By announcing California's first satellite launch, Gov. Jerry Brown ends climate summit with a cosmic boom

When Gov. Jerry Brown said California should launch its own satellite in the 1970s, the plan was considered so far-fetched that critics dubbed him Gov. Moonbeam.

But on Friday, Gov. Moonbeam struck back. Brown concluded his climate change summit promising the state would send its own satellite into orbit to track the formation of pollutants that cause climate change.

The announcement was the most audacious of dozens of pledges political and business leaders made at a conference that sent a clear signal: Either get on board with the fast-moving transition or get left behind.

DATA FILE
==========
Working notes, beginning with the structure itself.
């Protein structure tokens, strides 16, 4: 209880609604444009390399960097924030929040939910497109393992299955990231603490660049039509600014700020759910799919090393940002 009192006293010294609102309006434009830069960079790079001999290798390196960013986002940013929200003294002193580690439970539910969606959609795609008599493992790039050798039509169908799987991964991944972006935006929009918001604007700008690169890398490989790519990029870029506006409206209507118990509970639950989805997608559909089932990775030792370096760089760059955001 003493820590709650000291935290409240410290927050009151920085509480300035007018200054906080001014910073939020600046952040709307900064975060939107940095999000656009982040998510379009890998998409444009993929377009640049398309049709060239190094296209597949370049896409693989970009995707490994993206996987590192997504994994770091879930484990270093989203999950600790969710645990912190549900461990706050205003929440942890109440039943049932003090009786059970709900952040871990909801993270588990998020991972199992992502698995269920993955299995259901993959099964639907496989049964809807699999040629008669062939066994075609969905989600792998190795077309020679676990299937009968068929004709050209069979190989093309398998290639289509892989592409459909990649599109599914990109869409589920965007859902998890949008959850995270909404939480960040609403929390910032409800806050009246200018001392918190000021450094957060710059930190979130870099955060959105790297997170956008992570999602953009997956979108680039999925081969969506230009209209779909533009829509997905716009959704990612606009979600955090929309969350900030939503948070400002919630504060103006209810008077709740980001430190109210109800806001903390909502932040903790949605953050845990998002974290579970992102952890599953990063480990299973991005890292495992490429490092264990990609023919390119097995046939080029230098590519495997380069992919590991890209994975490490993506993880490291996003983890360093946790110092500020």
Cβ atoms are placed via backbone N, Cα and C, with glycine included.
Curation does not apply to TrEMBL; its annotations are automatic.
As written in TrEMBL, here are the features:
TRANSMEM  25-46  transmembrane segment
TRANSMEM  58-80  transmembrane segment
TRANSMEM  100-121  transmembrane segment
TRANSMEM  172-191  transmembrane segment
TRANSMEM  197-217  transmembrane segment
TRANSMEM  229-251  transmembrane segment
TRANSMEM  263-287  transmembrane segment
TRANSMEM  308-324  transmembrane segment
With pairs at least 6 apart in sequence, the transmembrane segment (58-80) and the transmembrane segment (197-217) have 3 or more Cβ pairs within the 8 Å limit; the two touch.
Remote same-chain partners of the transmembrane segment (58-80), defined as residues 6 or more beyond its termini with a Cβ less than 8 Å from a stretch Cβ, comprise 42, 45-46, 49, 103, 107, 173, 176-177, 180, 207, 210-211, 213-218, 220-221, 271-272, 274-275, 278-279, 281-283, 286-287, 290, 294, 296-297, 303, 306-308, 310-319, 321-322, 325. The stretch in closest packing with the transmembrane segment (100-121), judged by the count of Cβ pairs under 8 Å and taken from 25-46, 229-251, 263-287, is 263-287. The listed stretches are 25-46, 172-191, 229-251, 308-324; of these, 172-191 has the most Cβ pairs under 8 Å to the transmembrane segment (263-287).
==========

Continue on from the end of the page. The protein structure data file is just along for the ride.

“We’re under attack by a lot of people, including Donald Trump, but the climate threat still keeps growing,” Brown said as he capped off the Global Climate Action Summit in San Francisco. “So we want to know what the hell’s going on, all over the world, all the time. So we’re going to launch our own satellite, our own damn satellite, to figure out where the pollution is and how are we going to end it.”

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